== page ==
Articles tagged with: Drones

13
May
2014

Ready for Retirement, Can Predator Find New Home?

Featuring: Philip Finnegan

Ready for Retirement, Can Predator Find New Home?

“The problem both CBP and the Coast Guard have is that they both have very tight budgets,” said Phil Finnegan, director of corporate analysis for the Teal Group. He notes that CBP already flies MQ-9s along the border and may not want to “downgrade” its small fleet of unmanned systems. As is, CBP has come under fire from watchdog groups for the cost of its MQ-9 program. The Coast Guard might be a better bet, Finnegan said. The service has sought unmanned capability for years, including a failed attempt at developing its own specialized platform known as the Eagle Eye, and has a standing interest in land-based UAVs. Taking the older Predators from the Air Force may be a cheap option.

Media Outlet: National Defense Tags Drones | Predator | UAVs

11
April
2014

Selling real estate from the ground up

Selling real estate from the ground up

While it’s rare to find brokers who fly planes to move Long Island real estate, the use of drones is on the rise. Global sales of unmanned aircraft, including those used by the military, are expected to total $89 billion in the next 10 years, making it one of the fastest growing aviation industry segments, according to Fairfax, Virginia-based consultant Teal Group.

Media Outlet: Long Island Business News Tags Drones

22
March
2014

U.S. Lags as Commercial Drones Take Off Around Globe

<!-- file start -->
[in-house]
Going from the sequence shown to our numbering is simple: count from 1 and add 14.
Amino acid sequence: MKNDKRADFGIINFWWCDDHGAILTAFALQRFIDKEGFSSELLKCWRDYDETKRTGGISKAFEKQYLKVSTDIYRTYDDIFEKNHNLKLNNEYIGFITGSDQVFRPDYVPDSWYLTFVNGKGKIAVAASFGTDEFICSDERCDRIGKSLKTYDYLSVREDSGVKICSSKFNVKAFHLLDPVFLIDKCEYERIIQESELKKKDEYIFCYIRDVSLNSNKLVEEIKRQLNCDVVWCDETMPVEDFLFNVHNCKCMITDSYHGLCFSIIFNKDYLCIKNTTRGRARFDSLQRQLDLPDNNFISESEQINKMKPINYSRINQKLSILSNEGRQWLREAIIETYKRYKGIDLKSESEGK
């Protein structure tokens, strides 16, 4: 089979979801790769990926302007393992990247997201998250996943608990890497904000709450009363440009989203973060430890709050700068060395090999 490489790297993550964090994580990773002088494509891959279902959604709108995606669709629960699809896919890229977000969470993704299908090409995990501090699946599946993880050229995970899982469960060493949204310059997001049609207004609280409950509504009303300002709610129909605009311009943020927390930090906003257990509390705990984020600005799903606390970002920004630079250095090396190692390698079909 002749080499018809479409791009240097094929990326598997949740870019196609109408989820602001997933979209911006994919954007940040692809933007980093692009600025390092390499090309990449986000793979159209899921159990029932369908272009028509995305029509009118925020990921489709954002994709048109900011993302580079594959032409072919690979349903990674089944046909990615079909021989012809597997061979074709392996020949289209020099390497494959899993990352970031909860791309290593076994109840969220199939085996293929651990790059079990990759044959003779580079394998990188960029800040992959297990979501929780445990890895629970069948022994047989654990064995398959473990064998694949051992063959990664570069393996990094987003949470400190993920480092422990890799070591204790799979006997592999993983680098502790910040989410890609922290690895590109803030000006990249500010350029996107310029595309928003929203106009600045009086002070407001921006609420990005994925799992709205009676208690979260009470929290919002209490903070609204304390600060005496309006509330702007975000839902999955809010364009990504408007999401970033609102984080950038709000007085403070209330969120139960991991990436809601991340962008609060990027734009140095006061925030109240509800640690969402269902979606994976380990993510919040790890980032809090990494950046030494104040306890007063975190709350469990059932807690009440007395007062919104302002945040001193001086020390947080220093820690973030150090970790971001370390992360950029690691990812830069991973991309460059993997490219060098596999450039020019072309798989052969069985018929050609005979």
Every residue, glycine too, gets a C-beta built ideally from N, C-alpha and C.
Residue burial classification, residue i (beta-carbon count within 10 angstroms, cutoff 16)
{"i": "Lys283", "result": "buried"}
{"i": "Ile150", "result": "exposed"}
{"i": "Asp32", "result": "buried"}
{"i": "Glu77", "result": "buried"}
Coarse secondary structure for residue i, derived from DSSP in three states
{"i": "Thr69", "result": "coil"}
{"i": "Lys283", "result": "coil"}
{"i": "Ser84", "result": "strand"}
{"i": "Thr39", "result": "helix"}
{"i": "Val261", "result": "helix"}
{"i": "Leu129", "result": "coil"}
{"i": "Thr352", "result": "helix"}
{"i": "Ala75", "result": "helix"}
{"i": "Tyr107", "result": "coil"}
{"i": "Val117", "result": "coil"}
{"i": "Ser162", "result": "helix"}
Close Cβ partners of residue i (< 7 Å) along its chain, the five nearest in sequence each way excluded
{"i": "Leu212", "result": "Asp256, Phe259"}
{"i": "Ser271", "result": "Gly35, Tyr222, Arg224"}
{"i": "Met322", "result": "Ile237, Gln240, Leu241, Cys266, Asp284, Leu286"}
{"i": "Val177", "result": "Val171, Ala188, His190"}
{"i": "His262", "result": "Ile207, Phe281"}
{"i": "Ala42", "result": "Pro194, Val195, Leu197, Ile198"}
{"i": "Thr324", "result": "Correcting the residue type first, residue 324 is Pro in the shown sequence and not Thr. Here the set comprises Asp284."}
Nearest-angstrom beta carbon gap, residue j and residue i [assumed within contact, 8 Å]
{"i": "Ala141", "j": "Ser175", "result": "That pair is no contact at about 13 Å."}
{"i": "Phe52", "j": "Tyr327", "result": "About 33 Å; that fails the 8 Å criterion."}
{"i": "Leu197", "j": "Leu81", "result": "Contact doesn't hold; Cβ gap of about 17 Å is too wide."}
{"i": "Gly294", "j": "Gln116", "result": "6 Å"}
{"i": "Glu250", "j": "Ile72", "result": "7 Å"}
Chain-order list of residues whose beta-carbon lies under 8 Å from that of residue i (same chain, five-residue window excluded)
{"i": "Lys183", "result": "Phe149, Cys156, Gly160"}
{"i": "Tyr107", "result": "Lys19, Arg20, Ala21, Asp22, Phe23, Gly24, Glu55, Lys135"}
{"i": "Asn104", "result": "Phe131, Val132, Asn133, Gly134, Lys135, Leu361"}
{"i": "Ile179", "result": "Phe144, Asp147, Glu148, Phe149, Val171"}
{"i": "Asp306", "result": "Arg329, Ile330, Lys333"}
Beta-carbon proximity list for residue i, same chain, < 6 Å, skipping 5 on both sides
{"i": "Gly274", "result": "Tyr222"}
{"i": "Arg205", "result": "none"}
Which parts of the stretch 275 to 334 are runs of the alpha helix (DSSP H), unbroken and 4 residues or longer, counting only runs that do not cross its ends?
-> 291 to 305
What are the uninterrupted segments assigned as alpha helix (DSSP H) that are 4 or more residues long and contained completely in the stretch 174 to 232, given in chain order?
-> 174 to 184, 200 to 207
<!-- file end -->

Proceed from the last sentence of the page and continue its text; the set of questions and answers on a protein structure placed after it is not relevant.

U.S. Lags as Commercial Drones Take Off Around Globe

Worldwide sales of military and civilian drones will reach an estimated $89 billion over the next decade, according to the Teal Group, an aerospace research company in Fairfax, Va. The FAA estimates as many as 7,500 small commercial drones will be in use by 2018, assuming the necessary regulations are in place.

Media Outlet: Associated Press, Sci-Tech Today Tags Drones

19
March
2014

Facebook se une a la fabricación de drones, que generará 66.000 millones en 10 años

Featuring: Philip Finnegan

Facebook se une a la fabricación de drones, que generará 66.000 millones en 10 años

Según afirman desde Teal Group, casa de análisis dedicada al sector aerospacial y de defensa, “el gasto en este sector se verá duplicado a lo largo de la próxima década, pasando de los 5.200 millones de dólares anuales que se destinan en la actualidad a 11.600 millones”. De hecho, se espera que en el cómputo global de los siguientes diez ejercicios se destinen cerca de 89.000 millones de dólares (66.000 millones de euros) a este ámbito. “El mercado de drones se está convirtiendo en un mercado cada vez más internacional a medida que crece”, afirmaba Philip Finnegan de Teal Group. Y es que, “este sector ofrece un servicio rápido, eficaz y amigable que ayuda a las empresas que se dediquen a la seguridad” señalan desde Siemens.

Media Outlet: defensa.com, El Economista Tags Drones

19
November
2013

Drone Purchases Drive Competition for New Radars

Featuring: Dr. David L. Rockwell

Drone Purchases Drive Competition for New Radars

One analyst said Northrop would do well to focus on maritime capability. “The US Army likes the STARlite, but it could have a much bigger future if they can go maritime, which is what the US will need more of as it focuses on Asia,” said David Rockwell, an analyst at the Teal Group.

Media Outlet: Defense News Tags Drones | Radar | Starlite

16
June
2013

Drone Sales Flourish in a Time of Austerity

Featuring: Philip Finnegan

Drone Sales Flourish in a Time of Austerity